chair, occupied by men of celebrity. There was no other innovation till near the end of the seventeenth century, when Greek was isolated both in Edinburgh and in Marischal College; but the end of regenting was then near.
The old system, however, had some curious writhings. During the troubled seventeenth century, university reform could not command persistent attention. But, after the 1688 Revolution, opinions were strongly expressed in favor of the Melville system. The obvious argument was urged that, by division of labor, each man would be able to master a special subject, and do it justice in teaching. Yet, it was replied that, by the continued intercourse, the masters knew better the humors, inclinations, and talents of their scholars. To which the answer was—the humors and inclinations of scholars are not so deeply hid but that in a few weeks they appear. Moreover, it was said, the students are more respectful to a master while he is new to them.
The final division of subjects took place in Edinburgh in 1708; in Glasgow, in 1727; in St. Andrews, in 1747. In Marischal College, the change was made by a minute of January 11, 1753; but, whether from ignorance, or from want of grace, the Senatus did not record its satisfaction at having, after a lapse of five generations, fulfilled the wishes of the pious founder. In King's College the old system lasted till 1798.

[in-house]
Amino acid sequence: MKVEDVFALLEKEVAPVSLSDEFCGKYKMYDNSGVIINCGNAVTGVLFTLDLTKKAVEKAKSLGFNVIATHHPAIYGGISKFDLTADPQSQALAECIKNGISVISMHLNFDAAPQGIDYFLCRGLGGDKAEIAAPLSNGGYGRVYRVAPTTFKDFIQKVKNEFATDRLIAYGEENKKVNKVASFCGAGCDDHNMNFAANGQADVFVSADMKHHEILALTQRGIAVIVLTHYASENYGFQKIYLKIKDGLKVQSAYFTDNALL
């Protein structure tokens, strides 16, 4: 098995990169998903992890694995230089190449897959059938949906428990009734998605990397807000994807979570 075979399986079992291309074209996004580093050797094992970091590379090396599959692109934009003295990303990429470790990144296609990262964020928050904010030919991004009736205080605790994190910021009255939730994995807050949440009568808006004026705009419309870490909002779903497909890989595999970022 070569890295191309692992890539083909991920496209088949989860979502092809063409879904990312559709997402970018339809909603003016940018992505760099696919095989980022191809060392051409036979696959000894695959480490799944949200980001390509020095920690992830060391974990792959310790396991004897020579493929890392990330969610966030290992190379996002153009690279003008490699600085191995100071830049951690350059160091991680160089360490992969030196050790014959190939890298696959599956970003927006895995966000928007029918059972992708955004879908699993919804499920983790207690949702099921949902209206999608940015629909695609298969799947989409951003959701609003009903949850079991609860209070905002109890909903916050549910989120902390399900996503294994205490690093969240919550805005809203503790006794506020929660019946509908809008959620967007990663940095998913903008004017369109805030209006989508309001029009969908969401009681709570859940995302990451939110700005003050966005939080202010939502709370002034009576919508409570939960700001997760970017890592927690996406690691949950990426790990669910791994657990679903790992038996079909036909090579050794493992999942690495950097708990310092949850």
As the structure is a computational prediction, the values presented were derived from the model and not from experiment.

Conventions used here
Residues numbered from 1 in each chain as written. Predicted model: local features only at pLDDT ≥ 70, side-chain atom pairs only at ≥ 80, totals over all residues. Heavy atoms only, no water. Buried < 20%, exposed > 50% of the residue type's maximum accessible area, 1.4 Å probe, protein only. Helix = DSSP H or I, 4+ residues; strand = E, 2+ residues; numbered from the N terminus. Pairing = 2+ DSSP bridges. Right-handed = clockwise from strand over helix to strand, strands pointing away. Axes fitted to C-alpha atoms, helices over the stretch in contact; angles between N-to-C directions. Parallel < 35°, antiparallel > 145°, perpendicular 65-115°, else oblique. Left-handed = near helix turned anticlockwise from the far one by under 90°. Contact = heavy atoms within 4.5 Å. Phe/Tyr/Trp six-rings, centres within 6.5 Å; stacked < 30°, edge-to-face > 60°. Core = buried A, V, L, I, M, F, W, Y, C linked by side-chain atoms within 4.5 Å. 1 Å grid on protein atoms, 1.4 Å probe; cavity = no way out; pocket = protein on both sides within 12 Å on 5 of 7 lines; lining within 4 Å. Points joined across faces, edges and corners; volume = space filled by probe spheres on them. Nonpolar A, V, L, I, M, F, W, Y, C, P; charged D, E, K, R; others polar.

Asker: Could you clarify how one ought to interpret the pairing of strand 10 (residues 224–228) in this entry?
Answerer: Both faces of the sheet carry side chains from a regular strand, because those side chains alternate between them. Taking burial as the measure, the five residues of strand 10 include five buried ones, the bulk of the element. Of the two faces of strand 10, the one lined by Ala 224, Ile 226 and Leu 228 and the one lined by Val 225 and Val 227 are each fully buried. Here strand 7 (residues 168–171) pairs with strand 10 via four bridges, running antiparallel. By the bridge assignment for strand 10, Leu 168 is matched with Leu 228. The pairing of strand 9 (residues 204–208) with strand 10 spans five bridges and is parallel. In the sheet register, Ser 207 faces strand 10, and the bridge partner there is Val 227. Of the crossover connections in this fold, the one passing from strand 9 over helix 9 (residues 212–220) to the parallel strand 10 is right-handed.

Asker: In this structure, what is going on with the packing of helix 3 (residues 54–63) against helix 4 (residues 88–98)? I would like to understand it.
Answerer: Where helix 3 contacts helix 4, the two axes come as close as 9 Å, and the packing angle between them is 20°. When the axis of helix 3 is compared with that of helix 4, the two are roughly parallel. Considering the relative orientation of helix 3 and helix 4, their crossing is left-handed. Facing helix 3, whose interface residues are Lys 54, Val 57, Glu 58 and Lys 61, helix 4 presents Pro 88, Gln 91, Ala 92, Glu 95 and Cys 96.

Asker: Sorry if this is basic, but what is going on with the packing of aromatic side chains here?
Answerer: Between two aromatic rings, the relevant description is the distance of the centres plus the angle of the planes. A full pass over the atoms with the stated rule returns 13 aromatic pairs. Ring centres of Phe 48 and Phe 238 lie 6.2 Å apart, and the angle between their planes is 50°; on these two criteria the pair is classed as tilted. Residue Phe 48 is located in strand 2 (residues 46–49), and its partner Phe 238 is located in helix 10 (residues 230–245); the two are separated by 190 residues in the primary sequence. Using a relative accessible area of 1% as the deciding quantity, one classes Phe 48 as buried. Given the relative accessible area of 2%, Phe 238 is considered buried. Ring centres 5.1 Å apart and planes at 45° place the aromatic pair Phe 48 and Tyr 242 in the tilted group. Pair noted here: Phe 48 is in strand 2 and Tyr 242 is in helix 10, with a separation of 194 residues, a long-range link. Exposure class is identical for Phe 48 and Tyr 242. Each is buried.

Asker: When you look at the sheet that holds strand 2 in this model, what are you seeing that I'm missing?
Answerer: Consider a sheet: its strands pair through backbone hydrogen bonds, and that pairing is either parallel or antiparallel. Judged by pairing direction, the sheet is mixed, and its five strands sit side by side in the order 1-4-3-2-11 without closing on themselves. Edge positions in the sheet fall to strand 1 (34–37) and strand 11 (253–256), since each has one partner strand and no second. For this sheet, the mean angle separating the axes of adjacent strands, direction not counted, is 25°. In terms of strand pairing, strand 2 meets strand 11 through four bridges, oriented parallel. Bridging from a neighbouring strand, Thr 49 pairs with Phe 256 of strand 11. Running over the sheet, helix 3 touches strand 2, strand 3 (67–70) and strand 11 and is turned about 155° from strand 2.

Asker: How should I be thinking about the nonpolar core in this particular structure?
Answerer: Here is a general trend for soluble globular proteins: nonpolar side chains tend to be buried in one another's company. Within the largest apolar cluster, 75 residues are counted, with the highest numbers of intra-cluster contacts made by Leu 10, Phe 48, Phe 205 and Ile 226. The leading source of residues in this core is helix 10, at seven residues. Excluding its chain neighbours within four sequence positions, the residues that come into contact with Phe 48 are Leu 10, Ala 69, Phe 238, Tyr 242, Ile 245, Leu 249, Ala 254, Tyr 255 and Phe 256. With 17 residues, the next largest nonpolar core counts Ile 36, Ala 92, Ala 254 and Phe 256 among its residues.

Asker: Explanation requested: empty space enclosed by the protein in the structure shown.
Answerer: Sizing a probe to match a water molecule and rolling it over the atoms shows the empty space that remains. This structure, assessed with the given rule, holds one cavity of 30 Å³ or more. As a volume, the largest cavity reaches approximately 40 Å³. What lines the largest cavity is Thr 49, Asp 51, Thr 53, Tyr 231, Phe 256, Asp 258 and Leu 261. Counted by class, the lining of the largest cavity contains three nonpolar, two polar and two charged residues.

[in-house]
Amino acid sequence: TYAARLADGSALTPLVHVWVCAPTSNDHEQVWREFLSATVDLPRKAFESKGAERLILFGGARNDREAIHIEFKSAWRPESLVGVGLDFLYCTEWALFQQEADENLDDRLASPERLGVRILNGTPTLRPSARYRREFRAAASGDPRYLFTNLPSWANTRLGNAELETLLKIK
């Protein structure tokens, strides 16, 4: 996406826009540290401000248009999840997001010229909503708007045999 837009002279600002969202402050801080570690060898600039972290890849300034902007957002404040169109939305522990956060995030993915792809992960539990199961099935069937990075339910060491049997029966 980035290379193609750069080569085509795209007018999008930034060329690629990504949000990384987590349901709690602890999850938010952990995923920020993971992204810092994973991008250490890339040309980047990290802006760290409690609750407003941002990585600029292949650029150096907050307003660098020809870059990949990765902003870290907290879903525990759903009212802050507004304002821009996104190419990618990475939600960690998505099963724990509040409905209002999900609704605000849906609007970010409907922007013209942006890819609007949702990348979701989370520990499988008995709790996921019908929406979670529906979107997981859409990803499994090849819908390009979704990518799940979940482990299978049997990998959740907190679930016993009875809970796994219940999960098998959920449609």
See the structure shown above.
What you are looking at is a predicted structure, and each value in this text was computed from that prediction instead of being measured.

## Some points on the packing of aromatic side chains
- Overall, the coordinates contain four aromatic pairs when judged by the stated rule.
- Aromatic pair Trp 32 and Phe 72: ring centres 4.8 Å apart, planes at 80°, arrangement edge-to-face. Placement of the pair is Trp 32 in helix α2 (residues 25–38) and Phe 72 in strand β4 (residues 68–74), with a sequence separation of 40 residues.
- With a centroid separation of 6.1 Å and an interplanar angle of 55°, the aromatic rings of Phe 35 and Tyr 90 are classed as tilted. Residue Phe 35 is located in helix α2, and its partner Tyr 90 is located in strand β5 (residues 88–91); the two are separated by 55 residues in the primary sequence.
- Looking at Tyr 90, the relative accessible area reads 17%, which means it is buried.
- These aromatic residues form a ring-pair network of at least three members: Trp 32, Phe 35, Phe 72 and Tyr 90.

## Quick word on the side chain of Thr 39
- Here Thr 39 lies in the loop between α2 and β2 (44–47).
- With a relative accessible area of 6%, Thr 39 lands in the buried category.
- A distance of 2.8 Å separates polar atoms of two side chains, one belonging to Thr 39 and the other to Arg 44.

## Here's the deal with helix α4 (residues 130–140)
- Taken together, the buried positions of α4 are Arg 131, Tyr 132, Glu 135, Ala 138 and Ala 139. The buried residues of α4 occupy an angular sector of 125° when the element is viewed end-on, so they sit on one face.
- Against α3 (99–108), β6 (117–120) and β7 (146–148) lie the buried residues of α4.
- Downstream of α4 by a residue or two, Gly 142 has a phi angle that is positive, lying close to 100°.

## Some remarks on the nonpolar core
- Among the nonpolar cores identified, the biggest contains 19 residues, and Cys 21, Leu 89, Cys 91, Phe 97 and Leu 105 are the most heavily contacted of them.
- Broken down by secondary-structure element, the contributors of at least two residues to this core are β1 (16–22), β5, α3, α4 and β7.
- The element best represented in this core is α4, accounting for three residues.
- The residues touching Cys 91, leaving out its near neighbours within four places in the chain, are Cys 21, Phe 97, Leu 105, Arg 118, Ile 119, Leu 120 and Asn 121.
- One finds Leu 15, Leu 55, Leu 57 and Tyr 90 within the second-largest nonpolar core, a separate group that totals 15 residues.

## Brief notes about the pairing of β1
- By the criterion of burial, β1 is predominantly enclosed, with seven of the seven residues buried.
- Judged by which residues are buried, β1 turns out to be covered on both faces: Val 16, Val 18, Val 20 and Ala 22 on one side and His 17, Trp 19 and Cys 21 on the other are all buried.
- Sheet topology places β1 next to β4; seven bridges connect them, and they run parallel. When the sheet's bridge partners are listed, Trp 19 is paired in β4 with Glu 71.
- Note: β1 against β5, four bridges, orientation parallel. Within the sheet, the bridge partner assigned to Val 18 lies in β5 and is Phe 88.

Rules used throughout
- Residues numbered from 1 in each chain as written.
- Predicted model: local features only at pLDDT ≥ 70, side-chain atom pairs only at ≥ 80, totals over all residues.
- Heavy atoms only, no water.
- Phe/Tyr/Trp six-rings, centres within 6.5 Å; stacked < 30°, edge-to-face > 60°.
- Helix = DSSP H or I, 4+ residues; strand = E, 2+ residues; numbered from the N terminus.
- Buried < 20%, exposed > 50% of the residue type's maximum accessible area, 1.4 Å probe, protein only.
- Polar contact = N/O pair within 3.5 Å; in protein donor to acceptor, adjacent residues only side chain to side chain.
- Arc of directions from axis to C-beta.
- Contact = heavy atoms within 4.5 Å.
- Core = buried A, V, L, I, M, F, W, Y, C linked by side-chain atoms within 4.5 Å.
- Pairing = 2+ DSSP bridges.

This closes the second age of the universities, and introduces the third age, the age of the professoriate, of lecturing instead of textbooks, the end of disputation, and the use of the English language. It was now, and not till now, that the Scottish universities stood forth, in several leading departments of knowledge, as the teachers of the world.
The second age of the universities was Scotland's most trying time. In a hundred and thirty years, the country had passed through four revolutions and counter-revolutions; every one of which told upon the universities. The victorious party imposed its test upon the university teachers, and drove out recusants. You must all know something of the purging of the university and the ministry of Aberdeen by the Covenanting General Assembly of 1640. These deposed Aberdeen doctors may have had too strong leanings to episcopacy in the church and to absolutism in the state, but they were not Vicars of Bray. The first half of the century was adorned by a band of scholars, who have gained renown by their cultivation of Latin poetry; a little oasis in the desert of Aristotelian dialectics. It would be needless and ungracious to inquire whether this was the best thing that could have been done for the generation of Bishop Patrick Forbes.
Your reading in the history of Scotland will thus bring you face to face with the great powers that contended for the mastery from 1560: the monarchy, always striving to be absolute; the Church, whose position made it the advocate of popular freedom; the univer-